People have been trying to figure out ways to cheat at gambling since gambling became A Thing in the first place, and while casinos have mastered the art of warding off (and catching) unscrupulous patrons, there are still plenty of ways to gain an edge—as evidence by a new development involving the most popular card shuffling machine on the planet.
Casinos have historically relied on dealers to take care of that particular aspect of poker, blackjack, and other card games, but putting that power in the hands of a person has the ability to create cracks in a system that could theoretically be exploited by eagle-eyed players (or, in rare circumstances, employees on the take).
In 2002, a company decided to address that issue with the release of a machine dubbed the “DeckMate,” which allowed dealers to dump the cards into a device that could shuffle them in 45 seconds before spitting them back out.
The original model was tweaked prior to the release of the DeckMate 2, which cut the shuffling speed down to 22 seconds and boasted the addition of the camera that ensures every card in the deck is present before being put in play.
As things currently stand, that machine is viewed as the gold standard in the industry, as it’s currently the “Official Shuffler of the World Series of Poker” and is basically the only automatic card shuffler you’ll encounter if you walk into casinos around the world.
The DeckMate was tangentially involved in the poker scandal we were treated to in 2022 after Garrett Adelstein accused Robbi Jade Lew of cheating thanks to the fairly inexplicable matter in which she played a hand she really had no business holding onto in the first place.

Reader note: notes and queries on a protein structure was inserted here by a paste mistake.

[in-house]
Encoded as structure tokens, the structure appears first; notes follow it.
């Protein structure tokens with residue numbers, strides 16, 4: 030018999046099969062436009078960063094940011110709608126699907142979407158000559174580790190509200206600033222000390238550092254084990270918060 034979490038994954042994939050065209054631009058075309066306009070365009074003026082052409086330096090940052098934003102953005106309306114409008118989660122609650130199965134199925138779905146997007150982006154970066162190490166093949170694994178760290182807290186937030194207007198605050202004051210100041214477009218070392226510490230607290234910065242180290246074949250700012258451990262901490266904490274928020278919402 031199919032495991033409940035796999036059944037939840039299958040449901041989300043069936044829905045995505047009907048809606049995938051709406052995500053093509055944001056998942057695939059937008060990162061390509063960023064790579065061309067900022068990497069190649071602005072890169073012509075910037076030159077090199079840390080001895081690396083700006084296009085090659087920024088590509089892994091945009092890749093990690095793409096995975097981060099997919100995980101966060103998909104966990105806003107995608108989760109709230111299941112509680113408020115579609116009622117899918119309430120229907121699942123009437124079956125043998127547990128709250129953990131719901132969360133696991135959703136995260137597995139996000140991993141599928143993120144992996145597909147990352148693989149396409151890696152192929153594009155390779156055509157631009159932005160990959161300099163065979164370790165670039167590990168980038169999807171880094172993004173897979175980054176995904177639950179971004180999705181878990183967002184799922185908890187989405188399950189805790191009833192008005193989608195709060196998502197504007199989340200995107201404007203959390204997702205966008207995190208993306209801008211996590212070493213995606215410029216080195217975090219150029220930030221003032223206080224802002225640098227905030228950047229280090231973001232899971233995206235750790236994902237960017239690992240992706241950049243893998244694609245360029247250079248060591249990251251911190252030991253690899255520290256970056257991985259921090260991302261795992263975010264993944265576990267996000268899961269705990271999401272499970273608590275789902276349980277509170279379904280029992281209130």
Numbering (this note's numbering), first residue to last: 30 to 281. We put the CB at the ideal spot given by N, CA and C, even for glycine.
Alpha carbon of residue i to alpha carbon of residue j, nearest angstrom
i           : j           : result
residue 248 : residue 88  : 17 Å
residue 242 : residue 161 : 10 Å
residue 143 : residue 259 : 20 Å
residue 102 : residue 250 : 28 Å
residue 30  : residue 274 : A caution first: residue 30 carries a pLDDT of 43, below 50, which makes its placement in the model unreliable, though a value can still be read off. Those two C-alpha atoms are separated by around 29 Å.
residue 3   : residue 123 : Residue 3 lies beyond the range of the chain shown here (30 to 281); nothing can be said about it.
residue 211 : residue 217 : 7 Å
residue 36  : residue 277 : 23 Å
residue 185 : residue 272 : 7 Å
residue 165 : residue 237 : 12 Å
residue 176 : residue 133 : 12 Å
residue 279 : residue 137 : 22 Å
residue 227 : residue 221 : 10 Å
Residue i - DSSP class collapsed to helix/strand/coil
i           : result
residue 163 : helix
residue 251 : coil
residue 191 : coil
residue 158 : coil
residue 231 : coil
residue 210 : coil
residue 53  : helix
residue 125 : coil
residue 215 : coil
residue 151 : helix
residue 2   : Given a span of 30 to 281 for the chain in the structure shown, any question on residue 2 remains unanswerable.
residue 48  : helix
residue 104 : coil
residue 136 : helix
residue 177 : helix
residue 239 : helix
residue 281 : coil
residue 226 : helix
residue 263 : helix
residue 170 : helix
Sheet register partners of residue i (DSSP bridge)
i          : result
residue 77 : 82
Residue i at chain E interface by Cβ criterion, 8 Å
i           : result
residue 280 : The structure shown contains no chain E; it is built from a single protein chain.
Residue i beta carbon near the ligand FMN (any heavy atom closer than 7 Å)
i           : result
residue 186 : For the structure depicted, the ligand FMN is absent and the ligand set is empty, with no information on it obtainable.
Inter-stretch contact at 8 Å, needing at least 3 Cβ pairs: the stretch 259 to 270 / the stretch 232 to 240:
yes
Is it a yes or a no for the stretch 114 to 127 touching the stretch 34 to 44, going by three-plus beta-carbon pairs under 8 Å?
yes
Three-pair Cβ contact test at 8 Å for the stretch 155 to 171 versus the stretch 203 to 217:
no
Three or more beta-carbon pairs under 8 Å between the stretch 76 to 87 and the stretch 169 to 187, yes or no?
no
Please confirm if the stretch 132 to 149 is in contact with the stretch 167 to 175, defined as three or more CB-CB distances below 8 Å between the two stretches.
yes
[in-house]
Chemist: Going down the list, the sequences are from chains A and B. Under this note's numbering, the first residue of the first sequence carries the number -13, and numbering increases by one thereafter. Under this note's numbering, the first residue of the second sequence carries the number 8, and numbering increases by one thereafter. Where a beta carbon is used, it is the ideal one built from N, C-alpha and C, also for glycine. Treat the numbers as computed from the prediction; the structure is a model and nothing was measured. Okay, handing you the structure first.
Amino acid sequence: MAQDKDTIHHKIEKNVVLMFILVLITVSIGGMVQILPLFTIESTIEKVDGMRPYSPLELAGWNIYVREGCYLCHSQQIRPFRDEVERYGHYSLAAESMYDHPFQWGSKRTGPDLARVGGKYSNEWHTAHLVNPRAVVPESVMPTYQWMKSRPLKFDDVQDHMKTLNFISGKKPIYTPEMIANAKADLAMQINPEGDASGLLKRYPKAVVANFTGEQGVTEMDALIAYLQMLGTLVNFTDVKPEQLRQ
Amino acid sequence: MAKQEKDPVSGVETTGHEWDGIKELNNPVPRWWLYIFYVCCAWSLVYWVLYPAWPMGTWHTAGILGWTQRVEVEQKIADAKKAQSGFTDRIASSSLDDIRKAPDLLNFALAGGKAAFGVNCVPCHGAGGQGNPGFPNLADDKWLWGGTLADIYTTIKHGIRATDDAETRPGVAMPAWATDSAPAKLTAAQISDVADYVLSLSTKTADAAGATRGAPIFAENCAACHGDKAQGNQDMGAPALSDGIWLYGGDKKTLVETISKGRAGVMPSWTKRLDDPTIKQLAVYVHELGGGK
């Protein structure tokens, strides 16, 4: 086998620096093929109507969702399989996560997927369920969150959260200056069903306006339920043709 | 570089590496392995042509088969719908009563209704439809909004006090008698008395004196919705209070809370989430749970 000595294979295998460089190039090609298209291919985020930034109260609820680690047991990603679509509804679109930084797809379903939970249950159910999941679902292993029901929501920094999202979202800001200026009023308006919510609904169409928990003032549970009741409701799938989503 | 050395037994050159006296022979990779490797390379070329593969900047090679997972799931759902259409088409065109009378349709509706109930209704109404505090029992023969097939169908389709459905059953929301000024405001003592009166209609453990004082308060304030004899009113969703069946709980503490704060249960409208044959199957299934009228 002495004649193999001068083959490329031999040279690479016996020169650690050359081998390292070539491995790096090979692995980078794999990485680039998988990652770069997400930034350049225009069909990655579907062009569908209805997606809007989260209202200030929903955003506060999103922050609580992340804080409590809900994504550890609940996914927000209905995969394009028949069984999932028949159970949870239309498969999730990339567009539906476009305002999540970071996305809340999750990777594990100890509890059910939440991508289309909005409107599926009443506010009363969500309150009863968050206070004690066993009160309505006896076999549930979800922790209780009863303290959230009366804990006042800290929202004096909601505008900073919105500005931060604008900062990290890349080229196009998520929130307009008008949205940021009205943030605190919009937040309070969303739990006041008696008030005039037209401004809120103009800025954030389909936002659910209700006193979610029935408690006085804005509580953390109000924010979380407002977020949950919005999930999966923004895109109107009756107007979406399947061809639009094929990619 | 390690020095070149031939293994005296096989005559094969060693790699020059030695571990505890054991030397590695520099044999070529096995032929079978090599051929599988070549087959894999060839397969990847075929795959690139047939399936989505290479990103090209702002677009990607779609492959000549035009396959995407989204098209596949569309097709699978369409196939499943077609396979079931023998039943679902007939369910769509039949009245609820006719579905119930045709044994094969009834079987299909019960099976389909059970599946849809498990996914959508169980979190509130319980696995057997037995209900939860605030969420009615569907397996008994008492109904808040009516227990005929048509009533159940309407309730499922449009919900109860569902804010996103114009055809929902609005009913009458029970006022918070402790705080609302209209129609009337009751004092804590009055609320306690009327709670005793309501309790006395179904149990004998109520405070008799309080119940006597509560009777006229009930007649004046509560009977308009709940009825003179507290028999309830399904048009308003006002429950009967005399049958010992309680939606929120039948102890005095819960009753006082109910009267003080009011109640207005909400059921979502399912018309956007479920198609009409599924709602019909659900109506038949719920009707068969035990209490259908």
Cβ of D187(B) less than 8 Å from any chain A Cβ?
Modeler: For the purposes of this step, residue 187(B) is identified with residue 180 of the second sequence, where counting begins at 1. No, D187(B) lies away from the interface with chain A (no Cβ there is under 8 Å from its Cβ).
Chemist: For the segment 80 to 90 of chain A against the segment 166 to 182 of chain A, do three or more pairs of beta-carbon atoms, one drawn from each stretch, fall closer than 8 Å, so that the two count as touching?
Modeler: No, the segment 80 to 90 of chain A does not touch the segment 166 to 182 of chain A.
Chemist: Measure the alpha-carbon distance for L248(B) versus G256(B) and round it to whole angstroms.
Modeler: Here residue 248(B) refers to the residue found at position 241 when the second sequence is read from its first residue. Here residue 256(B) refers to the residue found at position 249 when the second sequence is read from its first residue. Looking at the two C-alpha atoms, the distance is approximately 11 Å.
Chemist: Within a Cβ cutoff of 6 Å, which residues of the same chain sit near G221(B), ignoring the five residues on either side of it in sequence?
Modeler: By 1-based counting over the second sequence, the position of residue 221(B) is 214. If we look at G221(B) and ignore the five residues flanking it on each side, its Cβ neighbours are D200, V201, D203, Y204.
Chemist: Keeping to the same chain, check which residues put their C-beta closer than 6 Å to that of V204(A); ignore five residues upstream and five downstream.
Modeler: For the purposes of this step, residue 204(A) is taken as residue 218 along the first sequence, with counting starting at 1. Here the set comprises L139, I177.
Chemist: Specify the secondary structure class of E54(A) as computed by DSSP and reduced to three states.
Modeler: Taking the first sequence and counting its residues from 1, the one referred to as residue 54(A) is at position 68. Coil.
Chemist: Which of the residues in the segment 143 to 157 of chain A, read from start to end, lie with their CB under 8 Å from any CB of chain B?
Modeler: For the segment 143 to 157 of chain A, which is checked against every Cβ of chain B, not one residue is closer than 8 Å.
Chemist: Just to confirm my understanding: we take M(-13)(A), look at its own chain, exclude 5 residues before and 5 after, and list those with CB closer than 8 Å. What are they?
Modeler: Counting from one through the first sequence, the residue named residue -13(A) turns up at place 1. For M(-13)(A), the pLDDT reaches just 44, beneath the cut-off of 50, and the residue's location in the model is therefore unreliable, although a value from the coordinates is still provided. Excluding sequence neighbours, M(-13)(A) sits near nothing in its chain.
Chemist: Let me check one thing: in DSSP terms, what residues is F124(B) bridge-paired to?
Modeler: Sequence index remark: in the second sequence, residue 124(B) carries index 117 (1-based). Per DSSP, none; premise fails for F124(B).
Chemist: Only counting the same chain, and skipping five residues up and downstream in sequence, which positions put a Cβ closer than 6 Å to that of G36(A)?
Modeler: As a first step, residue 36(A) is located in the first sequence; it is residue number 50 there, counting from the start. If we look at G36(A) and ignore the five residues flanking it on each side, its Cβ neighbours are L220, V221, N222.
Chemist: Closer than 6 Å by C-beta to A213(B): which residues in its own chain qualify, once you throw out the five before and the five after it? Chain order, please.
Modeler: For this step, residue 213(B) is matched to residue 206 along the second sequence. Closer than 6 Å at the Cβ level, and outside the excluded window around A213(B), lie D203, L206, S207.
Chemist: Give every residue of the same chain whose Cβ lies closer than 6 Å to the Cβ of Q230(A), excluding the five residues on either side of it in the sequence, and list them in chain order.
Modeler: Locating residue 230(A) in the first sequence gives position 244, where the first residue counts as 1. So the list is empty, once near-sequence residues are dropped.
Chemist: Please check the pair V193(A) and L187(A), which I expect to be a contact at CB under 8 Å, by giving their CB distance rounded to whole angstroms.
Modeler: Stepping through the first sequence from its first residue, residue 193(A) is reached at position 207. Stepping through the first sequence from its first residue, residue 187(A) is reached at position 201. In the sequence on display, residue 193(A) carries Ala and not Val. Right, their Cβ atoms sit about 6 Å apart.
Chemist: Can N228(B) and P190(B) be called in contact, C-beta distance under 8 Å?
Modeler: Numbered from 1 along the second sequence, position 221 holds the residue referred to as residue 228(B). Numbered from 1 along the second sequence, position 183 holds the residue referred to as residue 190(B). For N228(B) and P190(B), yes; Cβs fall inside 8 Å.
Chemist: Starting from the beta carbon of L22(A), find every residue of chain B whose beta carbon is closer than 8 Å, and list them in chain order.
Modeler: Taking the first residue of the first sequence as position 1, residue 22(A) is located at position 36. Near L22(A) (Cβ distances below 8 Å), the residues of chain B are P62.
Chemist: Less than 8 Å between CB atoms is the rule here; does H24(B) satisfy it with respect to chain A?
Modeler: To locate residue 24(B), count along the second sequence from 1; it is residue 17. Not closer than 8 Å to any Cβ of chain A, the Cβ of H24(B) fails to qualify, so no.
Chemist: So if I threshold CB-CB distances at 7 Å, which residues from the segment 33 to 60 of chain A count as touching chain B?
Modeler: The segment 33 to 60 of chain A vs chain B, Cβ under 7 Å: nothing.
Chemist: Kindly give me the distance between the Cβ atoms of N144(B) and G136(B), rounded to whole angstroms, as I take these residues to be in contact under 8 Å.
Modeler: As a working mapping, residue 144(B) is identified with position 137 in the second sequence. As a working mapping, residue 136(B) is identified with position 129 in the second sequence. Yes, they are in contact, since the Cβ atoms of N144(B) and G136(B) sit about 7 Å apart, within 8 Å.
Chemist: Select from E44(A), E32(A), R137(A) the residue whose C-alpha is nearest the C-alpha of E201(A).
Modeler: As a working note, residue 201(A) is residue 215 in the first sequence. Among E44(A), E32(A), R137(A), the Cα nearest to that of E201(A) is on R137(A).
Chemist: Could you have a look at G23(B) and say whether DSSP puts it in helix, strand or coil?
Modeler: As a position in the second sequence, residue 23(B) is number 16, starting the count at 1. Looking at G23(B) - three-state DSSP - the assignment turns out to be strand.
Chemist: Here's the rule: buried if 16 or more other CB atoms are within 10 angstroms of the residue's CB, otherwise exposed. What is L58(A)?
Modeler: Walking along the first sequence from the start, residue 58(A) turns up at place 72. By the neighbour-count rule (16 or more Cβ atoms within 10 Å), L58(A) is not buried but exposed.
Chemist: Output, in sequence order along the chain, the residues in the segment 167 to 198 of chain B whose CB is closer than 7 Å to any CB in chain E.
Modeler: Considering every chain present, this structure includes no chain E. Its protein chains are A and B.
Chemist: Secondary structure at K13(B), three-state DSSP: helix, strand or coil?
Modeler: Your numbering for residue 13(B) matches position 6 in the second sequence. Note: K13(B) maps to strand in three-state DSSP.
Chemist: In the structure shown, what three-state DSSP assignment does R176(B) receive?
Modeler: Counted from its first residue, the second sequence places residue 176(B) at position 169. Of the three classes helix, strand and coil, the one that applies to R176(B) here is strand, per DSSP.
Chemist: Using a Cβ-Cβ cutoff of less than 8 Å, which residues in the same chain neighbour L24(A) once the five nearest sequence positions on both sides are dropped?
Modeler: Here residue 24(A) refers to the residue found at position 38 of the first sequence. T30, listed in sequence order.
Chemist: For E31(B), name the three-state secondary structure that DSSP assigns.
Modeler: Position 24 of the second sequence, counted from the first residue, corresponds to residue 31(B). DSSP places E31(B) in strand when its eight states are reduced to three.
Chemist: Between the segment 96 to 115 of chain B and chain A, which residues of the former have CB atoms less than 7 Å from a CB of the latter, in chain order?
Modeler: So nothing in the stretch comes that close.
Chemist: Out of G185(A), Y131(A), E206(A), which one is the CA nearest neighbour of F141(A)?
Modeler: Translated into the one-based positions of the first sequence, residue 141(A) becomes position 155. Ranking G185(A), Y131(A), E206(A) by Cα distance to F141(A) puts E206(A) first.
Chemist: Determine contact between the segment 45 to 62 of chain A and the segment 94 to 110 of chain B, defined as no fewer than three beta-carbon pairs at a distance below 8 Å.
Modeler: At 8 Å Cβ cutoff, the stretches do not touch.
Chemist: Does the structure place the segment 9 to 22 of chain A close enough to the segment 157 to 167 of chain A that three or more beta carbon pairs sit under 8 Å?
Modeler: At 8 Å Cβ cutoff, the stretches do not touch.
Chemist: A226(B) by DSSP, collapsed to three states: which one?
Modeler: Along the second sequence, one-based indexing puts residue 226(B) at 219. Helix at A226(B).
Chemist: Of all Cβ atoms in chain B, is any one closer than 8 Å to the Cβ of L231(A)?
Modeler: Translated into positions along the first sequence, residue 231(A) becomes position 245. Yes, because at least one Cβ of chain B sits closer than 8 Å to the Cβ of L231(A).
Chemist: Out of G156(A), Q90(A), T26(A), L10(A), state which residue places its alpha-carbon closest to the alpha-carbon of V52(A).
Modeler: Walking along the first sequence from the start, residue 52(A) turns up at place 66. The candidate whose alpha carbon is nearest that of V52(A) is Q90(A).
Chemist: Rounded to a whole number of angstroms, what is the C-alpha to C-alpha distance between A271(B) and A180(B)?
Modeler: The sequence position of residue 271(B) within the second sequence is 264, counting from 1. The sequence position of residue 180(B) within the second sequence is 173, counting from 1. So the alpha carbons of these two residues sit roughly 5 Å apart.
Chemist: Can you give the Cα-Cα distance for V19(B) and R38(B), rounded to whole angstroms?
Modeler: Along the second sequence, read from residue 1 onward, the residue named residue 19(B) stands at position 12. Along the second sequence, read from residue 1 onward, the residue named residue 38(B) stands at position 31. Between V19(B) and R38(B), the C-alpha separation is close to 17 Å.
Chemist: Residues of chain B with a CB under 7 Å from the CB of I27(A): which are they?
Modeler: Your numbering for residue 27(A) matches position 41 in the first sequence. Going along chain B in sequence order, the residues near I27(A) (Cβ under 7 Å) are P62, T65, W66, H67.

The machine was being used to shuffle the cards during the game in question and was featured in the report detailing the results of the investigation that ultimately cleared her of any wrongdoing.
According to Wired, that report stated the card shuffler “is secure and cannot be compromised”—a claim that apparently came off as a challenge to some hackers who decided to see if that was indeed the case.
The outlet reports security expert Joseph Tartaro linked up with a couple of his colleagues at the consulting firm IOActive to see if they could infiltrate the DeckMate 2, and it seems like the answer is a resounding “Yes” thanks to a pretty glaring flaw: a USB port that anyone could theoretically access in order to commandeer the machine.
While you obviously need to have a fair amount of knowledge to whip up the program Tartaro and Co. uploaded to the DeckMate after connecting it to a USB drive, they were still able to “hijack” the machine to the point where they could interfere with the shuffling process and even gain access to the internal camera that allowed them to see the order the cards would be dealt.
The endeavor (which was recently detailed at a security conference in Las Vegas) was intended to show how more nefarious hackers could exploit the machine, and while the company that produces it asserts no one has ever been able to do so in an actual casino, it also acknowledged the issues and pledged to address them in the near future.